Stores energy in a chemical store which it can release as heat.
A change in which a new substance is formed.
One that changes the physical properties of a substance, but no new substance is formed.
Substances that react together, shown before the arrow in an equation.
Substances formed in a chemical reaction, shown after the reaction arrow in an equation.
When the quantity of something does not change after a process takes place.
Substances that speed up chemical reactions but are unchanged at the end.
One in which energy is given out, usually as heat or light.
One in which energy is taken in, usually as heat.
Force that holds atoms together in molecules.
Please note that each 'duo' of topics will take place in the relevant term but may be rotated and therefore not in strict order because of equipment and facility requirements. Building on knowledge of light. Representing light as a ray that can be reflected, refracted, diffracted and split. This links to the electromagnetic spectrum and the science of colour (appearance, absorption and transmission). Build on knowledge of sound and hearing. Explaining how and why the ear works and why sound needs a medium to travel through. Also looking at the dangers of loud sounds to our hearing. Students will develop their working scientifically skills by being able to Express a linear relationship between variables in the form ‘When... doubles then... also doubles’. Record observations using scientific words. Decide if a diagram might help the explanation. Suggest a scientific idea that might explain the observation. Describe the evidence for your idea.
Vibrations that transport energy from place to place without transporting matter.
Where the direction of vibration is perpendicular to that of the wave.
Where waves travel through a medium rather than being absorbed or reflected.
Sound waves with frequencies higher than the human auditory range
Waves with frequencies higher than light, which human eyes cannot detect.
A band of colours, as seen in a rainbow, produced by separation of the components of light by their different degrees of refraction according to wavelength.
(of water, air, or glass) Make (a ray of light) change direction when it enters at an angle.
An example is sound, which has repeating patterns of high-pressure and low-pressure regions.
(of a surface or body) Throw back (heat, light, or sound) without absorbing it.
Distribute or spread over a wide area.
Earth - 1. Climate 2. Earth Resources Continuing from the structure of the Earth in YR 7, students will learn about the carbon cycle and evaluate the impacts that global warming has on the earth. Students will research how to extract and recycle materials.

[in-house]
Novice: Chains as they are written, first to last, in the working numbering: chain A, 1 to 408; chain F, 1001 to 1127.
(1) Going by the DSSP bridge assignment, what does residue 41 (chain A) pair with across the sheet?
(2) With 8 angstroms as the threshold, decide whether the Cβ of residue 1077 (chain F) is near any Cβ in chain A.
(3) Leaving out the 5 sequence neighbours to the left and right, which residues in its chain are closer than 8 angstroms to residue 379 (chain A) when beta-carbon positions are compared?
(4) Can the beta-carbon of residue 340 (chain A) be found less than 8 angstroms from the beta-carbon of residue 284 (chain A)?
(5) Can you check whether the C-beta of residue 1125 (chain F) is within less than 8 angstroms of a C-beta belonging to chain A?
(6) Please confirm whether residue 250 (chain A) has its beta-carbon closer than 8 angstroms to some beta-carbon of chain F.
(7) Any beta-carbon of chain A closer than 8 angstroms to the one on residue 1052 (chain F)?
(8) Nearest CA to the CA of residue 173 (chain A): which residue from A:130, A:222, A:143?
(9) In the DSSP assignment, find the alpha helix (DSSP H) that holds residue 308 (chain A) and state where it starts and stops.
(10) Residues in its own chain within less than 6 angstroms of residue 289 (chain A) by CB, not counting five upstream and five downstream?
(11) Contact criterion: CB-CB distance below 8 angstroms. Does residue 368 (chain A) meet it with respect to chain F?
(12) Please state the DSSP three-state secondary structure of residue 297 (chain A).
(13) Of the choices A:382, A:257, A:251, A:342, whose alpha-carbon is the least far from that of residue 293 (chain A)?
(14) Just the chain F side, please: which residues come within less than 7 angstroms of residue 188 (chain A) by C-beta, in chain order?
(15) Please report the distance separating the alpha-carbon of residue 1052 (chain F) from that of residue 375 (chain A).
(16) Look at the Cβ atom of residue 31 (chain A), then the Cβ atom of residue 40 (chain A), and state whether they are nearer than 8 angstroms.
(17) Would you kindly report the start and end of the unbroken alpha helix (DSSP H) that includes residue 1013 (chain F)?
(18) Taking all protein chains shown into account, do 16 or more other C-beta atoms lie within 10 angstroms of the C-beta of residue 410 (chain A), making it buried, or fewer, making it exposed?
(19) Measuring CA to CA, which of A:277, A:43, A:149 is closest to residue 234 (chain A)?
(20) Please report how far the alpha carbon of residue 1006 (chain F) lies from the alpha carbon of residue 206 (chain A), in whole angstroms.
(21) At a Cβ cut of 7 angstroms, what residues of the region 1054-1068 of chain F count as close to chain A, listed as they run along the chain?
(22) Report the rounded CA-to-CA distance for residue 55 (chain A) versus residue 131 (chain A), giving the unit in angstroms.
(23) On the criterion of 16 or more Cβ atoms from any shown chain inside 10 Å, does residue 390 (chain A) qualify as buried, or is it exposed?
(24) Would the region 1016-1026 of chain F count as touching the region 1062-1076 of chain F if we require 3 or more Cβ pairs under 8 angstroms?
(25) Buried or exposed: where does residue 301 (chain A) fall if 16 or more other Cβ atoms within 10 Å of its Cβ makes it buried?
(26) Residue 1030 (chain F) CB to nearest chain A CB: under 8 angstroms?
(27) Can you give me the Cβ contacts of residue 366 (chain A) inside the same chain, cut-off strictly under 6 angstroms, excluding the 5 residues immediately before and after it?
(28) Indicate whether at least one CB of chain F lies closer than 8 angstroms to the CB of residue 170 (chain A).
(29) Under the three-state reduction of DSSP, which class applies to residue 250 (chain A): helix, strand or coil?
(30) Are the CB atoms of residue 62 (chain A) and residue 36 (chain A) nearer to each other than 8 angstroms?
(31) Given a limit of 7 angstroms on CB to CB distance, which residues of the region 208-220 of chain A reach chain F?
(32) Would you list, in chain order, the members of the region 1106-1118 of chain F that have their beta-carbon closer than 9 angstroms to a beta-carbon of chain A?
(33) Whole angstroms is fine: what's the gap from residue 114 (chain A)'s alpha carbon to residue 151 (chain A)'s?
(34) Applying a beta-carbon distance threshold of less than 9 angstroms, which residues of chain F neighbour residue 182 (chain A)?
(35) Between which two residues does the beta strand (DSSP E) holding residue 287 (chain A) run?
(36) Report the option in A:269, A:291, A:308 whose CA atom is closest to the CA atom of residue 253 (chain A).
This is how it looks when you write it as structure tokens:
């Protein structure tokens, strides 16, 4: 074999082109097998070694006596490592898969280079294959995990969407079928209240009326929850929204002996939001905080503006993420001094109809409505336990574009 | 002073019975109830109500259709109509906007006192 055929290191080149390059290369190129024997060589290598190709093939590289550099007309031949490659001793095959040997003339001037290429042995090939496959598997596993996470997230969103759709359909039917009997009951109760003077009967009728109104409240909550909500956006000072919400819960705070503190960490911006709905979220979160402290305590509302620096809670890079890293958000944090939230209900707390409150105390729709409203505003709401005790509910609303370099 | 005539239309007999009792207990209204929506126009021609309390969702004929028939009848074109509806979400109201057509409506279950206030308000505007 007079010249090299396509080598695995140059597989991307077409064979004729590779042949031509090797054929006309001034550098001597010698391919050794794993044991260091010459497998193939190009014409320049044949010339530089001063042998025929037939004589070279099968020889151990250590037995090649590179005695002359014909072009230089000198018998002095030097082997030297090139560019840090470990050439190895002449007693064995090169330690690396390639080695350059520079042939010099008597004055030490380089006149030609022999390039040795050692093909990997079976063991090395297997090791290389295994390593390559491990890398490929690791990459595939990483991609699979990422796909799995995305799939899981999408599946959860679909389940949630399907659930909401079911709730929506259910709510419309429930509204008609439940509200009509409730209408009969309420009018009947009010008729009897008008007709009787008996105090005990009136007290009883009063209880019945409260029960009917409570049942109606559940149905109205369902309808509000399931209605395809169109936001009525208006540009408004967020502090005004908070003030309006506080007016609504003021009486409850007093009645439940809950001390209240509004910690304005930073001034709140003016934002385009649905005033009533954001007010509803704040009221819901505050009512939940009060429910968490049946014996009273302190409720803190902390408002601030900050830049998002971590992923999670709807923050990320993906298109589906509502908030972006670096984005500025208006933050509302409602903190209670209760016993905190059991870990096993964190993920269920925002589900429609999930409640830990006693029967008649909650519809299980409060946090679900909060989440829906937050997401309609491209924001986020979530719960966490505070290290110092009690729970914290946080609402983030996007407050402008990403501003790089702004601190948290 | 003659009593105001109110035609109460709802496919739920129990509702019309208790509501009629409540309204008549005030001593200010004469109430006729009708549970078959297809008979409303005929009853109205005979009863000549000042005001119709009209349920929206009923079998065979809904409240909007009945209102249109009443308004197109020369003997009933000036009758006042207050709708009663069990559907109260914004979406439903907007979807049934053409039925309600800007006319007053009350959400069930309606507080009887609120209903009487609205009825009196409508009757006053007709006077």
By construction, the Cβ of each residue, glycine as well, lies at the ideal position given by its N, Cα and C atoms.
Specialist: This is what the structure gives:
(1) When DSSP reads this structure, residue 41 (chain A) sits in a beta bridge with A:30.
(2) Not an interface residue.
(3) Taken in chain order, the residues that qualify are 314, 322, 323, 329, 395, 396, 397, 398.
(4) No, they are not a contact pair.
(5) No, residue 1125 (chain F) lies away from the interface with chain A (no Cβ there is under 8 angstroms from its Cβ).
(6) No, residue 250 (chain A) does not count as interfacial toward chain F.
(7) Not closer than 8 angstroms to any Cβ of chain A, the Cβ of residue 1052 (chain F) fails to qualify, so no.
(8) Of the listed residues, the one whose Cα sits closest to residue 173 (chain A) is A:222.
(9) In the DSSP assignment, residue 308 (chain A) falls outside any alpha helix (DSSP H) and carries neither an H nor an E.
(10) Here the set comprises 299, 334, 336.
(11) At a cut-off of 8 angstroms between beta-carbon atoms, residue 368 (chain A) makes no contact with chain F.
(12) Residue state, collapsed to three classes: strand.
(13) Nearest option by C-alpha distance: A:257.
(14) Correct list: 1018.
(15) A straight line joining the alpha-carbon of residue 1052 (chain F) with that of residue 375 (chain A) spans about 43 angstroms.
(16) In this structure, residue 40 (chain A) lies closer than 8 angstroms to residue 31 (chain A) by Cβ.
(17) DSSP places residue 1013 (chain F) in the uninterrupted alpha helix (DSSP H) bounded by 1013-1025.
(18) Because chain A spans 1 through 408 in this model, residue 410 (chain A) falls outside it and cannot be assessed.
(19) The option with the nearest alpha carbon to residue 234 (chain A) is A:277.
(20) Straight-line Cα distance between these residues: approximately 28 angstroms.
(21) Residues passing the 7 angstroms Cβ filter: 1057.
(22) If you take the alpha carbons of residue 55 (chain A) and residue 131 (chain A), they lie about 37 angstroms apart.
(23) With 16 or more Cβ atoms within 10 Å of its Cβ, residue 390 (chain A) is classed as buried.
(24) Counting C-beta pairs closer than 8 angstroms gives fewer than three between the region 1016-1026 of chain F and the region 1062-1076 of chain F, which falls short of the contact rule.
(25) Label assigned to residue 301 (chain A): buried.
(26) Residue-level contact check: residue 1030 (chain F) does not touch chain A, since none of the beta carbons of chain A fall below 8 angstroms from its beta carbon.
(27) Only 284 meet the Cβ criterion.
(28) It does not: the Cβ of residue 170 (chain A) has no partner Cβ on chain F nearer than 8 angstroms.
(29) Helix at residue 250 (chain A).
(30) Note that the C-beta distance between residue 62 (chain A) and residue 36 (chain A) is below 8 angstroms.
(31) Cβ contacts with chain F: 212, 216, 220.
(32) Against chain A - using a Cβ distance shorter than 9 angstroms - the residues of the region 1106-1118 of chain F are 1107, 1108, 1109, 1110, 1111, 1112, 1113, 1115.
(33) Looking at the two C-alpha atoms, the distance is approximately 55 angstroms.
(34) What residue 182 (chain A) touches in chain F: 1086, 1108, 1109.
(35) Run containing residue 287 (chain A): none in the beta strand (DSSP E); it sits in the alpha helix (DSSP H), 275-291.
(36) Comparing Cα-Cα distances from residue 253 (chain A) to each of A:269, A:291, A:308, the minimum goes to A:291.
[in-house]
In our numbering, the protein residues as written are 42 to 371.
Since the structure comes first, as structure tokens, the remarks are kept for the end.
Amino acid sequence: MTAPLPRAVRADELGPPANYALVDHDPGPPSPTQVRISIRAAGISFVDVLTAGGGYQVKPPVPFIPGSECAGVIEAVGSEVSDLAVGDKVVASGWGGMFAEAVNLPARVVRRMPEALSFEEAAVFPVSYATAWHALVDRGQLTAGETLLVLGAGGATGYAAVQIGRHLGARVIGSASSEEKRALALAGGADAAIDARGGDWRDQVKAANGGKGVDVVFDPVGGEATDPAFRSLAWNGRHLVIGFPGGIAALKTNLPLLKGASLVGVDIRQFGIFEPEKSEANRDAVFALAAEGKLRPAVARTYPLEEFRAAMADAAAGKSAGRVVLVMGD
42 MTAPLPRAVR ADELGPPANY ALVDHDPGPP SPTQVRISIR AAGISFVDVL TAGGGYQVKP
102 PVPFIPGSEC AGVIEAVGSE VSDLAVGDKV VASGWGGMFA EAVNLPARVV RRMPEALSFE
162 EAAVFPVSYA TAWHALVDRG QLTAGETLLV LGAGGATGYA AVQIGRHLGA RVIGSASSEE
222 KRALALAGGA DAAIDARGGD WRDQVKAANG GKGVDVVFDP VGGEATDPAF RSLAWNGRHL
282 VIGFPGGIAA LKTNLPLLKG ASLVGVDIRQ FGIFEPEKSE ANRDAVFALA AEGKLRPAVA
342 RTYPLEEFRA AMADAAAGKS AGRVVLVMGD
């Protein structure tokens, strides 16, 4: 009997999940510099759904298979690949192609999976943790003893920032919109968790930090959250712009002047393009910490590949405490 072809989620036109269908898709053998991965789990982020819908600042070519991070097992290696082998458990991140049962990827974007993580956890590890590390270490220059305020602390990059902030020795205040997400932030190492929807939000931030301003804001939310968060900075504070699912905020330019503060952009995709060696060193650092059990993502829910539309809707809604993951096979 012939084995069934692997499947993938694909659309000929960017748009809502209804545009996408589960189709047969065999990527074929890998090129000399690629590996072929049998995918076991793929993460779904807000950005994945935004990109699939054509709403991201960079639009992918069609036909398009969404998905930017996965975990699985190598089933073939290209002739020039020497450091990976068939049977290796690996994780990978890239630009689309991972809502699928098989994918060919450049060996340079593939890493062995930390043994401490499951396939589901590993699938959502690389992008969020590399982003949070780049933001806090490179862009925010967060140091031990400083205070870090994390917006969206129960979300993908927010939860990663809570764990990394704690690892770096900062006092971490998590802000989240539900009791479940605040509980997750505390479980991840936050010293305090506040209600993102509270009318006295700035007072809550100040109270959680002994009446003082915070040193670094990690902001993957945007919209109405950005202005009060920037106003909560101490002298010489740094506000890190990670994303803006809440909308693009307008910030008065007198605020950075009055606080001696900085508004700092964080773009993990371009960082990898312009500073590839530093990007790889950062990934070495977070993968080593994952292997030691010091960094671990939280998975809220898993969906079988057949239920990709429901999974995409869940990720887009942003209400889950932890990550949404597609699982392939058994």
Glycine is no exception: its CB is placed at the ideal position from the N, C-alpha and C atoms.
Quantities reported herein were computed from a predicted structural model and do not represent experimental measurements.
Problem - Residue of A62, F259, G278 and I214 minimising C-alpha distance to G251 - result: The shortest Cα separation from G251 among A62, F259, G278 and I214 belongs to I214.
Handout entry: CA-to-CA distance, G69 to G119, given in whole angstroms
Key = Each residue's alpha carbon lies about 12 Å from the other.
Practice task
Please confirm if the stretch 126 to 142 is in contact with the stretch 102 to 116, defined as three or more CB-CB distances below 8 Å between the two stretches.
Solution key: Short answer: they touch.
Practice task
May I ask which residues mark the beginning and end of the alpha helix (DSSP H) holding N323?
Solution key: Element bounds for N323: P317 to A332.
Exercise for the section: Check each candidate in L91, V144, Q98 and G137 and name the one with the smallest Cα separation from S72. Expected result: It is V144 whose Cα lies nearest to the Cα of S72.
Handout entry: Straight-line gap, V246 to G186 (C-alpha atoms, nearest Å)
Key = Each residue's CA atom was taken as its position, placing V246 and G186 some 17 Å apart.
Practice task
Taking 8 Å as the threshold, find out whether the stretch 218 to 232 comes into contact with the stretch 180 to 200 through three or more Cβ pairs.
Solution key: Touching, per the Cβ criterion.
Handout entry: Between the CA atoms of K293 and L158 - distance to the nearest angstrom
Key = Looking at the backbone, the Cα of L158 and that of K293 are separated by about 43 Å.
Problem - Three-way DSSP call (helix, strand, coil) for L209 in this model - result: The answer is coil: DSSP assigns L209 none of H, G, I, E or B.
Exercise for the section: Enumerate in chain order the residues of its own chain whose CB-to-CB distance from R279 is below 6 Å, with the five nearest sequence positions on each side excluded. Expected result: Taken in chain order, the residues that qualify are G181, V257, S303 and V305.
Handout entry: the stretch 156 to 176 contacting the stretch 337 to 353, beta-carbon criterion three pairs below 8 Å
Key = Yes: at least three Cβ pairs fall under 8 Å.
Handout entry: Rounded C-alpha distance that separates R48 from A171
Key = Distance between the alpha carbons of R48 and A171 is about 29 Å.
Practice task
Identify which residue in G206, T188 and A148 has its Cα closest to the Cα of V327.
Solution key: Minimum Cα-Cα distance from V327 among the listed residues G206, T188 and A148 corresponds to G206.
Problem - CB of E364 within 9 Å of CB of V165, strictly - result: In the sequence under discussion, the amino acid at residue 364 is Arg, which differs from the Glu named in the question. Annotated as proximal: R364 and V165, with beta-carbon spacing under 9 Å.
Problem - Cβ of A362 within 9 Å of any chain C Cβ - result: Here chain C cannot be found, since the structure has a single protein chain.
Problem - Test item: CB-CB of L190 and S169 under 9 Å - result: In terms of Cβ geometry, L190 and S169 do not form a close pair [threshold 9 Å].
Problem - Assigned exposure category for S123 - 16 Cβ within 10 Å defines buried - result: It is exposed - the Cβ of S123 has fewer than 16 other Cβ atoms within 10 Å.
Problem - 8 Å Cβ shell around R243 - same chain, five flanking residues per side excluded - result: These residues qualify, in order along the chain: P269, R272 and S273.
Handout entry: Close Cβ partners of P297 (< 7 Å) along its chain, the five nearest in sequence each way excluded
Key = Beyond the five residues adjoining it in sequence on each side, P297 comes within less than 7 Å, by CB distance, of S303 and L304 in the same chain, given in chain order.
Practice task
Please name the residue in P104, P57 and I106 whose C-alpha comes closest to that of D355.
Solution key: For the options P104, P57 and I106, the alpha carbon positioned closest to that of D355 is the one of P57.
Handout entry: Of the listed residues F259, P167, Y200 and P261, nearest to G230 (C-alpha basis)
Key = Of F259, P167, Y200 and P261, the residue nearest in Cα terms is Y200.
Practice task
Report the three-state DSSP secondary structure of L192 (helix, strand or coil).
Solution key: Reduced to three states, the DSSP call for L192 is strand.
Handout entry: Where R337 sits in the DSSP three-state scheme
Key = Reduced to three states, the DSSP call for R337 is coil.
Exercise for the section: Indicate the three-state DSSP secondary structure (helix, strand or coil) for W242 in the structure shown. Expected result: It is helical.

The gradual increase in surface temperature of the Earth.
Remains of dead organisms that are burned as fuels, releasing carbon dioxide.
When energy from the sun is transferred to the thermal energy store of gases in Earth's atmosphere.
Materials from the Earth which act as raw materials for making a variety of products.
Naturally occurring metal or metal compound.
Naturally occurring rock containing sufficient minerals for extraction.
Processing a material so that it can be used again.
Please note that each 'duo' of topics will take place in the relevant term but may be rotated and therefore not in strict order because of equipment and facility requirements. Work done and energy transfer are studied in this topic. Students will learn about input forces and output forces and will look at the use of levers and pulleys. Students will also study thermal energy and will lean how methods of thermal insulation work in terms of conduction, convection and radiation. Students will develop their working scientifically skills by being able to Identify a dependent variable
Identify an independent variable, Decide how to vary the independent variable between planned values. Decide how to measure the dependent variable. List all the variables that could affect the dependent variable. Select important control variables. Identify how to control each control variable. List variables you cannot control. Plan method.
The transfer of energy when a force moves an object, in joules.
A type of machine which is a rigid bar that pivots about a point.
The force that is applied to the object moved by the machine.
The distance an object moves from its original position.
Material that allows heat to move quickly through it.
Material that only allows heat to travel slowly through it.